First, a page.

China is a sending country of emigration, historically. Chinese have migrated everywhere, but then there was a halt to international migration after the founding of the People’s Republic in 1949. For about 50 years China was virtually closed. At least until the end of the 1980s it was really hard to get passports. I mean, only people who went on official trips abroad would get passports, or students who were part of exchange programs, so it was very hard to emigrate internationally. There has been, of course, a lot of internal rural-to-urban migration in China, especially since 1979, but the current flows of international Chinese migration are really a new phenomenon, and emigration from China has taken off for different reasons. One is that the Chinese government encouraged large state-owned enterprises to compete and invest overseas. Large, state-owned Chinese enterprises are moving up the value chain and shifting jobs to Africa, closer to the natural resources they need, with the result being that growing numbers of Chinese laborers, skilled and unskilled, are sent to Africa and a growing number of spontaneous migrants are attracted to increasing economic opportunities in Africa. The issuing of passports increased tremendously around 2000, and that is probably connected with China’s entry into the WHO. So it is easier today to leave China, there are more people who are leaving and more destinations to reach in Africa, Latin America, and Europe. I already alluded to two types of Chinese migrants in Africa. One is state-led, so those who are sent to Africa to work on a Chinese large-scale, state-owned investment project; and the other one is spontaneous, comprising entrepreneurs, small traders, and their families who go to Africa to open stalls, restaurants, engage in trade, much like the Chinese here in Milan.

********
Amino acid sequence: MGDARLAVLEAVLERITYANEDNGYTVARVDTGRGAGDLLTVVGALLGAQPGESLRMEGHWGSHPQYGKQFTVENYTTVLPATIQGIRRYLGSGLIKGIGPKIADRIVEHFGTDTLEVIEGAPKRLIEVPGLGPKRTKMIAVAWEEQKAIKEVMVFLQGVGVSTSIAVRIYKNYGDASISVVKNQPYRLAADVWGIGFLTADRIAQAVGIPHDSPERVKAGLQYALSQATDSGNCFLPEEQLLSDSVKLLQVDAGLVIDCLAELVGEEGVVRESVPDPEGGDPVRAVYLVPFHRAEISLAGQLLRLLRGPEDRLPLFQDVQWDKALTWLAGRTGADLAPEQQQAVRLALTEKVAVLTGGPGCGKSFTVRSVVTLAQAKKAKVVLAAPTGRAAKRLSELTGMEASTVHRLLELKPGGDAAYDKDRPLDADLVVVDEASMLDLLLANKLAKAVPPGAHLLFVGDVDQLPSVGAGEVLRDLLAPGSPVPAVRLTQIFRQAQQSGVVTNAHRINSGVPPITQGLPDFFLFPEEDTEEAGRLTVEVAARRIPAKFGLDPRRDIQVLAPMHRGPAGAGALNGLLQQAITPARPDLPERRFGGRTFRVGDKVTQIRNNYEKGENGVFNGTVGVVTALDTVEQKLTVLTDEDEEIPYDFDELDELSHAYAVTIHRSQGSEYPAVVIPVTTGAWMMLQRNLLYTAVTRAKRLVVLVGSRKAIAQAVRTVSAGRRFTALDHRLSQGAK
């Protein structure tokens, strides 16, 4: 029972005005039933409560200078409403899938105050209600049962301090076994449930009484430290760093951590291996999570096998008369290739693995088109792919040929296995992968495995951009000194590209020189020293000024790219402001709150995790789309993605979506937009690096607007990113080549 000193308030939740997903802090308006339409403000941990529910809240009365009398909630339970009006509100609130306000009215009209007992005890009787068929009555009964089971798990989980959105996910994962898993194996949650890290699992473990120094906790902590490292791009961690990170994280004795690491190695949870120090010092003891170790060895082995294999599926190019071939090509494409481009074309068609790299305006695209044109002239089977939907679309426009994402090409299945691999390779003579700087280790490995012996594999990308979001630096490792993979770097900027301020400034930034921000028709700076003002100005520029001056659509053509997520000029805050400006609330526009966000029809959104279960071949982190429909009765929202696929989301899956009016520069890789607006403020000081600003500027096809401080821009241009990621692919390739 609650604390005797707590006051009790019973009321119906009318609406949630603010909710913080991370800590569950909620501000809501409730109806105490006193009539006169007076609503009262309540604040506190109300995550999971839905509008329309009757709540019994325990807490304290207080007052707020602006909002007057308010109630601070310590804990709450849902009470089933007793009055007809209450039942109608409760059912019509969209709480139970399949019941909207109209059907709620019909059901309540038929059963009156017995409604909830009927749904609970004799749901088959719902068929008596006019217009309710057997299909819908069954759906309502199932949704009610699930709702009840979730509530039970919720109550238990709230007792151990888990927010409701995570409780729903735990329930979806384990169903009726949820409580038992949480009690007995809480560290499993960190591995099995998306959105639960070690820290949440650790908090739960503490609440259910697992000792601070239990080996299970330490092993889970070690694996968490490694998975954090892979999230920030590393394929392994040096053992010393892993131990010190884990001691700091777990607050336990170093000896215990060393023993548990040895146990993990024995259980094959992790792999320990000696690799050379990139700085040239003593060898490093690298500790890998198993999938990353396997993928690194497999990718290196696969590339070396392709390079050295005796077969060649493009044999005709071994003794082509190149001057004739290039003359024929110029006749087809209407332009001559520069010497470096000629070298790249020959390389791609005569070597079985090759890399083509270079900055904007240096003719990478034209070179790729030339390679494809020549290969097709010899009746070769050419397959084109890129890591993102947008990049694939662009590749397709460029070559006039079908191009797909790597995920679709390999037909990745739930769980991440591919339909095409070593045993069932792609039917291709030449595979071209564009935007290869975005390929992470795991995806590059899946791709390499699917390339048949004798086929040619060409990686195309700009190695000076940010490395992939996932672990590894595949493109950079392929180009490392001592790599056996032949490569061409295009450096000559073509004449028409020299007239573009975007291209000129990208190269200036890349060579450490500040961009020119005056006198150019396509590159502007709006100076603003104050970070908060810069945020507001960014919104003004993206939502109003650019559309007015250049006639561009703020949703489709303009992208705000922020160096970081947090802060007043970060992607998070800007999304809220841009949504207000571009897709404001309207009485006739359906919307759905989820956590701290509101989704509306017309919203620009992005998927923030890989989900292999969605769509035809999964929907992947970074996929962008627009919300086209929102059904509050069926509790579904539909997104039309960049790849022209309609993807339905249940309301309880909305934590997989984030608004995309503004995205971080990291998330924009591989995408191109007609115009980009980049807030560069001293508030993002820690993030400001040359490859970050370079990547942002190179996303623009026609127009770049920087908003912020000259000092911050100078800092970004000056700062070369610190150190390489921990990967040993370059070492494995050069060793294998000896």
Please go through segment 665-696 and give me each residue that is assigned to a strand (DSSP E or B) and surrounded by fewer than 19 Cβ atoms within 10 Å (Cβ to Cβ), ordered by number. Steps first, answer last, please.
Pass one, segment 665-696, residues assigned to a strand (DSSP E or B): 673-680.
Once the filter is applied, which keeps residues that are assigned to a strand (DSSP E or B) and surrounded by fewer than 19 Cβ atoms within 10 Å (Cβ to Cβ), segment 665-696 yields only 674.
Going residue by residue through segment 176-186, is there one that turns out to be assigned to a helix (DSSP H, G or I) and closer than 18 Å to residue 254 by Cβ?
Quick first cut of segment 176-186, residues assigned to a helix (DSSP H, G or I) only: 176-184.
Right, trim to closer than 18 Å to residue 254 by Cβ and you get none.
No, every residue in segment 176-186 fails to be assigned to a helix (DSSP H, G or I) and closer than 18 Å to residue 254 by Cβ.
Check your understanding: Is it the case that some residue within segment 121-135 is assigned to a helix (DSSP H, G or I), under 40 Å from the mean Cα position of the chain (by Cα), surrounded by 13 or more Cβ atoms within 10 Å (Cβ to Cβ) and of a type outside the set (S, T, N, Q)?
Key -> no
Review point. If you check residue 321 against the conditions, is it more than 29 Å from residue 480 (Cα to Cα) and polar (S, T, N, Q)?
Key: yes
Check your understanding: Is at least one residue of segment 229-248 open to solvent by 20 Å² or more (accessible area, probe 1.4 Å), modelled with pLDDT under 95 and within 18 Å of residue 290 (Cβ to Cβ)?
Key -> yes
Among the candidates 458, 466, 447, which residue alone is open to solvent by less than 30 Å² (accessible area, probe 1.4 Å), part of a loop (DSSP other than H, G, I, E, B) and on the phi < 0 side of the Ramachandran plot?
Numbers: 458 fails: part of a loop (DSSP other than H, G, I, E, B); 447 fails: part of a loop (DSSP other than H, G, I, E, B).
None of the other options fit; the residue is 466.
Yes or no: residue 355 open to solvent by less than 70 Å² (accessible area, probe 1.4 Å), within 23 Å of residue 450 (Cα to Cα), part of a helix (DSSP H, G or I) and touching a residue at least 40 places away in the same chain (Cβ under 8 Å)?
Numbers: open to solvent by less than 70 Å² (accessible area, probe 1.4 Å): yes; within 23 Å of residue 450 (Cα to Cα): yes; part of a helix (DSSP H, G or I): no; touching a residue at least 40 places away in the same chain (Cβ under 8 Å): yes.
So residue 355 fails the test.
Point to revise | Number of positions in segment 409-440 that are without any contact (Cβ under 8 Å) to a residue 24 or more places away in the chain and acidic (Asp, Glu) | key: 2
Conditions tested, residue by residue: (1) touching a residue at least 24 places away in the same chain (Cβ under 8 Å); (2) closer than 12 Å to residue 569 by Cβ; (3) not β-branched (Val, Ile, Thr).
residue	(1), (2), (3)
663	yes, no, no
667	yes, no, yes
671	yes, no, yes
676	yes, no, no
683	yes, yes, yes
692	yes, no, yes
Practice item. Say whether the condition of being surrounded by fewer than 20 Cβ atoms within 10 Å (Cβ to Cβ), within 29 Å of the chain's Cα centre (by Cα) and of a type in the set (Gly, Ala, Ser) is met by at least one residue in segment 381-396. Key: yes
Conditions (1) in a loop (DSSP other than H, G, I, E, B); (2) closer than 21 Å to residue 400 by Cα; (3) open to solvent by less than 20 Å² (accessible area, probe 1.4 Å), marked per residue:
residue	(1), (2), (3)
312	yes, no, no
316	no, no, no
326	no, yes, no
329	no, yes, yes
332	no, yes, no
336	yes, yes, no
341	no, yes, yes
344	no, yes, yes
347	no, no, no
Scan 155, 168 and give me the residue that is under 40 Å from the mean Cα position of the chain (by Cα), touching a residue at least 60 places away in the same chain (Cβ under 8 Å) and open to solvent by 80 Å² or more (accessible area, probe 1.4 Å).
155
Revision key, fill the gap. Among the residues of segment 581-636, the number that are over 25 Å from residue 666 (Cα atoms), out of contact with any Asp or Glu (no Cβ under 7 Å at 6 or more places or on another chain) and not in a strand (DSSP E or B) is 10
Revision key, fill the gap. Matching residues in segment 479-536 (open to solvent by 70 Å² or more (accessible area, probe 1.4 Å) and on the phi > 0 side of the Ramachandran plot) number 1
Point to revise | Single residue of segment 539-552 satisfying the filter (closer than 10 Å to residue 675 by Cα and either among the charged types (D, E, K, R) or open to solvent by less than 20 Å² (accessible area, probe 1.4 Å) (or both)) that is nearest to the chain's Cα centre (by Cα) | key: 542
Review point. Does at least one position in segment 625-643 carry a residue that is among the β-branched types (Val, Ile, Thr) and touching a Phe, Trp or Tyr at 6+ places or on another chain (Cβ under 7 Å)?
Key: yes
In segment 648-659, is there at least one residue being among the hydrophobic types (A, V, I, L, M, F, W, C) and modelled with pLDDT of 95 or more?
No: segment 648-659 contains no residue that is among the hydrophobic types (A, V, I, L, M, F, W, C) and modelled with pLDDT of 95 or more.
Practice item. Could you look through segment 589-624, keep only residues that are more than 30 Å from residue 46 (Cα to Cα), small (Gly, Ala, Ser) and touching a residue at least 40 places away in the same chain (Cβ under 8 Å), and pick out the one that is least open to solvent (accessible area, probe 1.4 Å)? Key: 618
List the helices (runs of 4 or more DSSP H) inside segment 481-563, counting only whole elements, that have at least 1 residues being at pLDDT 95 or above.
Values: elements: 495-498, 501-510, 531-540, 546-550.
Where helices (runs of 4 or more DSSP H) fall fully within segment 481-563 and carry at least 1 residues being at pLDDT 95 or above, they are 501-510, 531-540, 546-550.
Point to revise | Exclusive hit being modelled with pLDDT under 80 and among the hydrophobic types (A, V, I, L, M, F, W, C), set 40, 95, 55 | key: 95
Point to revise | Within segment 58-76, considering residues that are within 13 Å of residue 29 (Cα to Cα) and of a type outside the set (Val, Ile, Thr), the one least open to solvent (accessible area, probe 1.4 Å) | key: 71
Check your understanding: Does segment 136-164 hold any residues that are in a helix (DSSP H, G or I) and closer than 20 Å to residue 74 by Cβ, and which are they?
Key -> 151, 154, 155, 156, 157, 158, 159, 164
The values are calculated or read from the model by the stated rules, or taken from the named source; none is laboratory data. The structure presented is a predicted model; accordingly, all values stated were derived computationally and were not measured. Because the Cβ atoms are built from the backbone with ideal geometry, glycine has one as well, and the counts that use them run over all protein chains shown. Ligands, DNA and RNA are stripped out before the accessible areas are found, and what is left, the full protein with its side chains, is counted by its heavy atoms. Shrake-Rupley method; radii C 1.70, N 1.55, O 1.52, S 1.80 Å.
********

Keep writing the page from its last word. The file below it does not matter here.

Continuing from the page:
How many people are doing this?
The numbers are not known. That’s what everyone is asking, how many Chinese are in Africa? Different African countries have had different histories of immigration. Except for South Africa and Mauritius, where there are already 3rd or 4th generation Chinese (many of them from Taiwan), Chinese immigration to Africa is recent, it started in earnest around the late 1990s. The figure of 1 million Chinese across Africa is the figure we see most often cited in the press, but it is not clear where that figure comes from. Really nobody has an accurate estimate.
So the main rationale for my study, besides its methodological appeal, was the quantitative description of the demography and social organization of a Chinese community in Africa. We observed significant differences between state-led and spontaneous migrants in terms of socio-demographic characteristics, and I think we have been quite successful at describing them. In addition, this study allowed us to test a new network-based sampling approach.